by Gregg Steinberg
For The Tennessean … Author Tom Clancy died this month. He was amazingly successful, with 17 best-sellers, many of which became blockbuster movies such as “The Hunt for Red October” and “Clear and Present Danger.” He made millions from his craft.
You would think someone at the top of his profession would find that the words flow like water from his mind and that his work must bring him great joy. It was actually to the contrary. On “Charlie Rose” a few years back, Clancy mentioned that writing was one of the most miserable jobs he knew, but he added that someone has to do it.
I interpreted that powerful statement to indicate that writing did not come easy to Clancy, but rather it was hard labor. Inspiration came from sitting at the typewriter (or computer) and grinding it out, day after day, hour after hour.
Ben Hogan, the famed golfer, felt the same. When asked what his magical formula was to his great play, he simply stated, “The secret is in the dirt.” Hogan knew that hard work bred success, nothing more or less.
All the greats have the attitude that the road to excellence is paved with hard work. Bill Bradley, who has achieved at the highest level, from being a Rhodes Scholar to a U.S. senator to a hall of fame basketball player, believed that you have to work harder than the next person. As he put it, “When you are not practicing, someone else is, and given equal ability, when you both meet, he will win.”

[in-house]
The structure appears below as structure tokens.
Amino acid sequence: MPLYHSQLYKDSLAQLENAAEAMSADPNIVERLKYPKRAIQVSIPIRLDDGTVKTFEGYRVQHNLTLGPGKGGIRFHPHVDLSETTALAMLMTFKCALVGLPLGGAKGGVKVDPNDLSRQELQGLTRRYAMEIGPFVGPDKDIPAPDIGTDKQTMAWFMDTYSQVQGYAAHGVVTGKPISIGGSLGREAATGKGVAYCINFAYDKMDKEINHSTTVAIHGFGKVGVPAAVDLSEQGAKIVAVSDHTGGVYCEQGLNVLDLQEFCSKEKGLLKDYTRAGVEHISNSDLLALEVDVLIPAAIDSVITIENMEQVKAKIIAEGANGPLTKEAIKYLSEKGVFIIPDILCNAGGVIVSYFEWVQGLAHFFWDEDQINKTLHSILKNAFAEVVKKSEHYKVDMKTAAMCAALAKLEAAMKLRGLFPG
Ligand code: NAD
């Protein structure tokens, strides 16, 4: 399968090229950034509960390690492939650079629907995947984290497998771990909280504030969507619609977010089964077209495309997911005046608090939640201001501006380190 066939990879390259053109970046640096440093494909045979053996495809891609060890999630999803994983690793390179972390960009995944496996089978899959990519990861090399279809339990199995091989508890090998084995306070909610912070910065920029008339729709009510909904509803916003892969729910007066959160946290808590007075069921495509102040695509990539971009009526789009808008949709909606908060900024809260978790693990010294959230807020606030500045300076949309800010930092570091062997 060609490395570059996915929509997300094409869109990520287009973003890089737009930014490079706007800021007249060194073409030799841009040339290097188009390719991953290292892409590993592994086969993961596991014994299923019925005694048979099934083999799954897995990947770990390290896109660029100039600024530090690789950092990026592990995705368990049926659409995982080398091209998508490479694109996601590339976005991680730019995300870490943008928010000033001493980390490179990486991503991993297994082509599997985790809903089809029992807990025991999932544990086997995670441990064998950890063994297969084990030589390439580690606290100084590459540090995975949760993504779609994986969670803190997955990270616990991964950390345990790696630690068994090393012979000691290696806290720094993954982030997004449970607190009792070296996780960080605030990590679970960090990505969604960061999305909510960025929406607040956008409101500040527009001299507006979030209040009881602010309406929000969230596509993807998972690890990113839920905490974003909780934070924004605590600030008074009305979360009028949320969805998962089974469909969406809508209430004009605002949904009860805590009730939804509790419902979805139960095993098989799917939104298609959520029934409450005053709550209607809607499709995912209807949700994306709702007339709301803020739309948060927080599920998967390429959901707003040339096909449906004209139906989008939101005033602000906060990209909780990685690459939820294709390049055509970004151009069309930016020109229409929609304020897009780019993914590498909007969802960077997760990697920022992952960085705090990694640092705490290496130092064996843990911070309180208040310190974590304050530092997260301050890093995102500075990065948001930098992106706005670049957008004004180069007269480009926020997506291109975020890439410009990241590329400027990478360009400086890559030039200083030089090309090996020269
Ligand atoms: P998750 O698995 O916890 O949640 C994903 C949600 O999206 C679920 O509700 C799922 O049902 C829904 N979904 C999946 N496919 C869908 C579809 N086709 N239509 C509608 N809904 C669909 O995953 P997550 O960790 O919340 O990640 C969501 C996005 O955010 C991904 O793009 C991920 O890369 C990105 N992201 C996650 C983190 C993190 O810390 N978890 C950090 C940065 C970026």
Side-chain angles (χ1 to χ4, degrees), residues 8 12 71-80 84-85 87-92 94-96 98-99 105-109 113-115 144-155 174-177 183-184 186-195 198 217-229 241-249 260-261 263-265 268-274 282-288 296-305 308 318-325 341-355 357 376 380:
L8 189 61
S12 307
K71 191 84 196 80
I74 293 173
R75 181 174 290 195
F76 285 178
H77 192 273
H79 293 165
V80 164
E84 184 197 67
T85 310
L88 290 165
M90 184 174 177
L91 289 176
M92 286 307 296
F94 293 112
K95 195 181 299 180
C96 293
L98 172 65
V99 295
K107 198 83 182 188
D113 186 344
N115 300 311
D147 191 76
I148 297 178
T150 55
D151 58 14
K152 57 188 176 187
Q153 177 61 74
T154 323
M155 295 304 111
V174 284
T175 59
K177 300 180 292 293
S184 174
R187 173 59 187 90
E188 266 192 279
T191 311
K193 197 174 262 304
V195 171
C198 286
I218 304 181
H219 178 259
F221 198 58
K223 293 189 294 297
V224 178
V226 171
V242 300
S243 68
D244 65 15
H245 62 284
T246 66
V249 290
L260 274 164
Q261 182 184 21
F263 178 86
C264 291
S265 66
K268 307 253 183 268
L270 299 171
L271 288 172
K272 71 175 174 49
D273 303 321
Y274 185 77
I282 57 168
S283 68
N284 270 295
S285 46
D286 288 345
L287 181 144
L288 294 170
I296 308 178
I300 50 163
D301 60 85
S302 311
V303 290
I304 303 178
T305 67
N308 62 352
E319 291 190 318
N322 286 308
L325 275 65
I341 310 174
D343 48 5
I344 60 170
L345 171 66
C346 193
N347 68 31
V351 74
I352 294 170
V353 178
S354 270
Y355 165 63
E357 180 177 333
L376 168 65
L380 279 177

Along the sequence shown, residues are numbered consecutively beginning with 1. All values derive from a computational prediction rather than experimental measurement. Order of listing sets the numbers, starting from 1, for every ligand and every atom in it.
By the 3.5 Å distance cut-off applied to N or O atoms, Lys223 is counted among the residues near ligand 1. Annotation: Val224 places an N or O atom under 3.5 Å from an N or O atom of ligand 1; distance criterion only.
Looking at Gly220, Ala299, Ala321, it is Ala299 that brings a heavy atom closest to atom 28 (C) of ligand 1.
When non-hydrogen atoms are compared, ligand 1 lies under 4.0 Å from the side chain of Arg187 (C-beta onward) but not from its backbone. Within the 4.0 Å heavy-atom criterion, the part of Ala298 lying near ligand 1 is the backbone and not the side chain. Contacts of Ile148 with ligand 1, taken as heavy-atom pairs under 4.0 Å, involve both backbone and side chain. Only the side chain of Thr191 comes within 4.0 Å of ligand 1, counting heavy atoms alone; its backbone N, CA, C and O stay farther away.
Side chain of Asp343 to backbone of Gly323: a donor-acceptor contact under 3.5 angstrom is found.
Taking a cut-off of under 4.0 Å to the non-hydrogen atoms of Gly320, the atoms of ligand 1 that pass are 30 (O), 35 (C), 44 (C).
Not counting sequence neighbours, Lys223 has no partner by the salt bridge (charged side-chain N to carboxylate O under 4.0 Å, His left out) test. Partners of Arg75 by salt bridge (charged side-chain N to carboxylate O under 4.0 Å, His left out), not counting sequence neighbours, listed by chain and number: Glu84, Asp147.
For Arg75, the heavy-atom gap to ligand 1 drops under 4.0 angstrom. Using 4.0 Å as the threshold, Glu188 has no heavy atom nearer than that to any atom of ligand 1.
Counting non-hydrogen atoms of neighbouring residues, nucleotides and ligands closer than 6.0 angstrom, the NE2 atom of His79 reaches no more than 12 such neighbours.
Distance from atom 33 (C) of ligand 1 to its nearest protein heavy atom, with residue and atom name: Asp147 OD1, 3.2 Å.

Most of us do not see the journey it takes to master an art, sport or business — we see only the endpoint. The famous pianist Vladimir Horowitz once said, “If I don’t practice for one day, I know it. If I don’t practice for two days, my wife knows it. If I don’t practice for three days, the world knows it.”
Every great success story has one facet in common: hard work.
Dr. Gregg Steinberg is a professor of human performance at Austin Peay State University and author of the Washington Post best-seller “Full Throttle.” He speaks to businesses about mental and emotional toughness.
But hard work is only part of it. And effort pointed in the wrong direction will take us to anywhere but success.
Join us on October 22 as we get pointed in the right direction and take a look at what’s in the smart investor’s “dirt.”